What Happened on Mad Men

This Sunday, the critically acclaimed television series Mad Men will air its series finale. In the video above, Vox‘s culture editor Todd VanDerWerff attempts to explain what makes Mad Men so unique. One of the primary facets he points to is how the story is delivered. He states, “Artistically, it’s the idea that you don’t have to say everything. Everything can remain subtext.”

If you watch the series, you know that this statement is dead on. In fact, even show creator and head writer Matthew Weiner admits to this, saying:

Telling somebody what happened on Mad Men, you know, that’s like a sentence. How it happened is the part that people are like, “No, you don’t understand. Pete said, ‘I know who you are.’” And that’s all that happened. And then Cooper said, ‘Who cares?’ That’s not what it’s like watching that episode. You have a knot in your stomach, and it’s fifteen minutes.

If you have never seen it, the middle of that quote does little for you as it references unfamiliar characters and plot points. But that’s perfect because describing the plot of any episode will do little for you even if you’re a huge fan. Mad Men is very rarely about action. It’s about feel.

Despite this fact, it is incredibly engaging and can leave you with much to think about. It has a way of affecting you, and it makes you dig into the characters’ humanity and your own without explicitly hitting you over the head with the “moral of the story” or “the point.”

As we turn toward communicating in the context of communities of faith, there is a tendency to emphasize “the point.” Tell them what you’re going to tell them, tell them, and then tell them what you told them. This is not necessarily a bad thing. When we are tasked with making disciples of Jesus Christ for the transformation of the world, clarity is important. We don’t want there to be any barriers to someone hearing about and receiving the good news of the Gospel.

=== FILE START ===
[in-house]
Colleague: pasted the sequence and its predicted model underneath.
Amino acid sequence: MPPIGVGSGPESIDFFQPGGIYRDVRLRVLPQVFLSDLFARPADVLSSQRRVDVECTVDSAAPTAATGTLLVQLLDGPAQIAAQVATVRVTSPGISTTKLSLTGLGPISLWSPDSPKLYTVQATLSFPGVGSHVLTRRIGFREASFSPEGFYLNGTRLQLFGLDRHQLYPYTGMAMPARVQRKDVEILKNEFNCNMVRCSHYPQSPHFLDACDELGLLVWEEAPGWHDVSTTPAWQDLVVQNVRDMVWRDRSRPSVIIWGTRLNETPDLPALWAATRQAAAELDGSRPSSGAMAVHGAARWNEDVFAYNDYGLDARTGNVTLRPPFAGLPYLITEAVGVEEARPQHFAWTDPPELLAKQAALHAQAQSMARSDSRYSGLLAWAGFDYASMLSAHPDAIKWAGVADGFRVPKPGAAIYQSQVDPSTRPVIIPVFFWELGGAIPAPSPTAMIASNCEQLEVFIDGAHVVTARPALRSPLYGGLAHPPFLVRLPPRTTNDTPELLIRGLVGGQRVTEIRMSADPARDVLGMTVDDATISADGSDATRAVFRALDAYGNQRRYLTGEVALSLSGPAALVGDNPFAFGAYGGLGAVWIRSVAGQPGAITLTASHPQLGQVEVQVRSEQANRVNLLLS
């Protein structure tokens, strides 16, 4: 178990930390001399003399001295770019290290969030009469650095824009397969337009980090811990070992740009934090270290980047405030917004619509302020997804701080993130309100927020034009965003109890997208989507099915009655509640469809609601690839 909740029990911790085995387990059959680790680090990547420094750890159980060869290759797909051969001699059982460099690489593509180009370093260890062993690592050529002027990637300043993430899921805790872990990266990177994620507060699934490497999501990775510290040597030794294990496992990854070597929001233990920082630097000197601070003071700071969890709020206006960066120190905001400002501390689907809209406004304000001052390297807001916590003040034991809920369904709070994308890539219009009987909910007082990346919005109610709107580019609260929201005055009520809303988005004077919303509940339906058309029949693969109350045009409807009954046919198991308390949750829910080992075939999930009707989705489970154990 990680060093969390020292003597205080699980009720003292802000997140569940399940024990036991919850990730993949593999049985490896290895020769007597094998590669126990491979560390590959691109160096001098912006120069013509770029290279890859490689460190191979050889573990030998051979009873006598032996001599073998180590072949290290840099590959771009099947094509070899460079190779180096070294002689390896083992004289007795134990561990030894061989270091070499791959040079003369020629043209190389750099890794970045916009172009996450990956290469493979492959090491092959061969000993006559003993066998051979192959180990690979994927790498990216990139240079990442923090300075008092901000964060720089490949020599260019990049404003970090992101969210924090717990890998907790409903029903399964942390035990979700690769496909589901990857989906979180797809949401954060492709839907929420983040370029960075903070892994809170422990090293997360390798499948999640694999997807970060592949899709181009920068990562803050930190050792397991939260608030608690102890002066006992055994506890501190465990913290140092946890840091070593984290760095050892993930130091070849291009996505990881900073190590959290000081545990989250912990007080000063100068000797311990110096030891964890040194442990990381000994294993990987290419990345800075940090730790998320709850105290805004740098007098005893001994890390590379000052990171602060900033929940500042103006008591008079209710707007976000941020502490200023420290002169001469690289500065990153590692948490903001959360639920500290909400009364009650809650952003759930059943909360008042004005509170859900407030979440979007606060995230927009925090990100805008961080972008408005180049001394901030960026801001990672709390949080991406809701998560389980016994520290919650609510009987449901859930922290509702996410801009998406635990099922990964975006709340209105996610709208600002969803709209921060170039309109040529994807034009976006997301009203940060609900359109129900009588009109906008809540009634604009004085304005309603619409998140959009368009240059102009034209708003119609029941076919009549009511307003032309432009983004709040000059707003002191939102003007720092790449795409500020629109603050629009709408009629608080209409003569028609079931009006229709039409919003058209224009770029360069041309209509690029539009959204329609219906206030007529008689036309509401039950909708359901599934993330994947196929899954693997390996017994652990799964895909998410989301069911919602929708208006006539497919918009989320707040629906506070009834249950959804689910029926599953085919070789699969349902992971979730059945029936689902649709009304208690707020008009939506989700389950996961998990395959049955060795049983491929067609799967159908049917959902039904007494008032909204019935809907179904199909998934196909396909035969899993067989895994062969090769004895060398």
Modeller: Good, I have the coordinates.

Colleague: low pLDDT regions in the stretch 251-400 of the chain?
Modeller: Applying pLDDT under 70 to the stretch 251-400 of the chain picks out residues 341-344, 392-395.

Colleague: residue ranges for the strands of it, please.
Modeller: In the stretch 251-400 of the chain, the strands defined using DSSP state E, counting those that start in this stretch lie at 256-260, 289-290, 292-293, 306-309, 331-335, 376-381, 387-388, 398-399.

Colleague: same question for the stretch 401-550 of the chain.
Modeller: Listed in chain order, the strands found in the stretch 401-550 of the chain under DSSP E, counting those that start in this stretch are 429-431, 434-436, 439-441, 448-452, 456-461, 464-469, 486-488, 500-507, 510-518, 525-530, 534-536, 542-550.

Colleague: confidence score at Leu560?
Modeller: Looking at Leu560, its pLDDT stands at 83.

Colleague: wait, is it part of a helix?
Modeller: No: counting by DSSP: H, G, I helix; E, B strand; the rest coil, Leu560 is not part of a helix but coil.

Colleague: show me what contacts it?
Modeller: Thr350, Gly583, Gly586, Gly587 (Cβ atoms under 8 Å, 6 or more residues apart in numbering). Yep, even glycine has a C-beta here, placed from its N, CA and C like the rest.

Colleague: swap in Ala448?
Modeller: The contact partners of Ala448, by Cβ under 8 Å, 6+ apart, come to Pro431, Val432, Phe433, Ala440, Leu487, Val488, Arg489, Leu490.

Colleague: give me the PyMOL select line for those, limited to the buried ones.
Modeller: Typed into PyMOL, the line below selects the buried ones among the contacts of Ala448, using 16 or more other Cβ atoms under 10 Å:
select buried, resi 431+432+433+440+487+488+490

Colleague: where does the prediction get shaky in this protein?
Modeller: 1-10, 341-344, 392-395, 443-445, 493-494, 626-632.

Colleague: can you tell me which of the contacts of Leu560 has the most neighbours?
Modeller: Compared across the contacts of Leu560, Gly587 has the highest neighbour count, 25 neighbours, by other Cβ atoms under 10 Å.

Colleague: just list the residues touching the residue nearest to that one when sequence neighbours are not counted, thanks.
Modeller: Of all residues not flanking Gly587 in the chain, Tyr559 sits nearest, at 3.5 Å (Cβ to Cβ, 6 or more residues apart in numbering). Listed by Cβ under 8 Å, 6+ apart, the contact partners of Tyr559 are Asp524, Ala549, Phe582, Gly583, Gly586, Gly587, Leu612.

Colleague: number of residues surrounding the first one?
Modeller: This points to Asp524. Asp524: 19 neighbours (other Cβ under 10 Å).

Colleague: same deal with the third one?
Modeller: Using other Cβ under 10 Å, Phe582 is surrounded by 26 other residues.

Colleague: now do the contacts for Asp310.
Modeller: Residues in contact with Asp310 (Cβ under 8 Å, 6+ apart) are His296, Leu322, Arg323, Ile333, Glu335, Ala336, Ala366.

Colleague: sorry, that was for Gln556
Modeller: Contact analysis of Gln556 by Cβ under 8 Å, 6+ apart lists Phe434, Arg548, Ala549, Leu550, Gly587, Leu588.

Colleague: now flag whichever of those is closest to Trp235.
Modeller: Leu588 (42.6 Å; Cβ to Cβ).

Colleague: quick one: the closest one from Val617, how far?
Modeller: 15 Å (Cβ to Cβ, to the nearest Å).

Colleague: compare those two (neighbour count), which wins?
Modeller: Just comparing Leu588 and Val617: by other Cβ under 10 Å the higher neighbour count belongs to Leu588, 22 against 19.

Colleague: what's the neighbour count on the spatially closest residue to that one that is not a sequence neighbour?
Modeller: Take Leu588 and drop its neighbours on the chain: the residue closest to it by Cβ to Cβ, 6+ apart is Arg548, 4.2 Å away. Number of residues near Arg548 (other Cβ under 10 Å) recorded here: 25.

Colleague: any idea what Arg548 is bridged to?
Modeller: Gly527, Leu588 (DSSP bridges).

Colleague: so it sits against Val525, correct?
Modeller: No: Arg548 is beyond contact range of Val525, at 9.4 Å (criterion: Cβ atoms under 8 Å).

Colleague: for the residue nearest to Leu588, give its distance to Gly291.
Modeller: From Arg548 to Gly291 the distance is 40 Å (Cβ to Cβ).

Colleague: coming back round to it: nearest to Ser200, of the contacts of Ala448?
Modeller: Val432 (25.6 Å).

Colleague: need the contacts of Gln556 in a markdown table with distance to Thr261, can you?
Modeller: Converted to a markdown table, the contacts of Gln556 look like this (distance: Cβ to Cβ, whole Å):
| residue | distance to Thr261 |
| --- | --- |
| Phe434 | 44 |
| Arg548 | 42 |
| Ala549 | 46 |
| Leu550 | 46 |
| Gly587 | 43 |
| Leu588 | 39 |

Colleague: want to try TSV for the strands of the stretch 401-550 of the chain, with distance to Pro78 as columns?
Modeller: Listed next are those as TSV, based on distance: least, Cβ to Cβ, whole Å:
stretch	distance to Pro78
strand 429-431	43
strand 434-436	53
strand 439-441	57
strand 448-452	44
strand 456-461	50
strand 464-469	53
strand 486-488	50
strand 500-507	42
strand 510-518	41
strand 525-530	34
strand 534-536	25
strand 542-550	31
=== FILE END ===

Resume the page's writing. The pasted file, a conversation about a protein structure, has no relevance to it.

Yet, what if there were a way to leave more room for the Holy Spirit to speak by us not saying so much? Every episode of Mad Men usually has a theme. So while they don’t explicitly say, “I hope you leave this episode thinking about integrity,” there is no doubt that you will reflect on this after you see Don Draper struggle (or not struggle) to compartmentalize three or four different identities throughout a single day.

Sometimes, when I sit down to write a sermon, I can feel it well before I can write it. I know what I am going after even if I can’t find the words. I will finish a draft and feel as though the goal was just outside of my grasp–I could get the tips of my fingers on it, but I couldn’t grab it and pull it closer. This usually has very little to do with whether or not I got the plot points of the Scripture’s narrative correct or whether I covered what the three commentaries said about Paul’s state of mind. As I reflect on what moves me during an episode of Mad Men, perhaps the issue is that I crammed in too much.

The best episodes are slow burns. There will be the occasional shocker episode, and you can always count on the season finales to shake things up a bit, but my favorites are ones where very little actually happens. Like a great night of tapas with someone who knows what to order, you find yourself eating little bits off lots of small plates, and, by the end, you have had an experience.

Do you pay attention to the arc of feelings in your sermon, lesson, or talk? How do you incorporate emotion without necessarily resorting to action? Are your messages so crammed with content that there is little room to experience what is being presented? Have you ever noticed that sometimes giving examples narrows how the hearers will interpret and apply what they have heard? What role does the Holy Spirit play in filling the space you embed?

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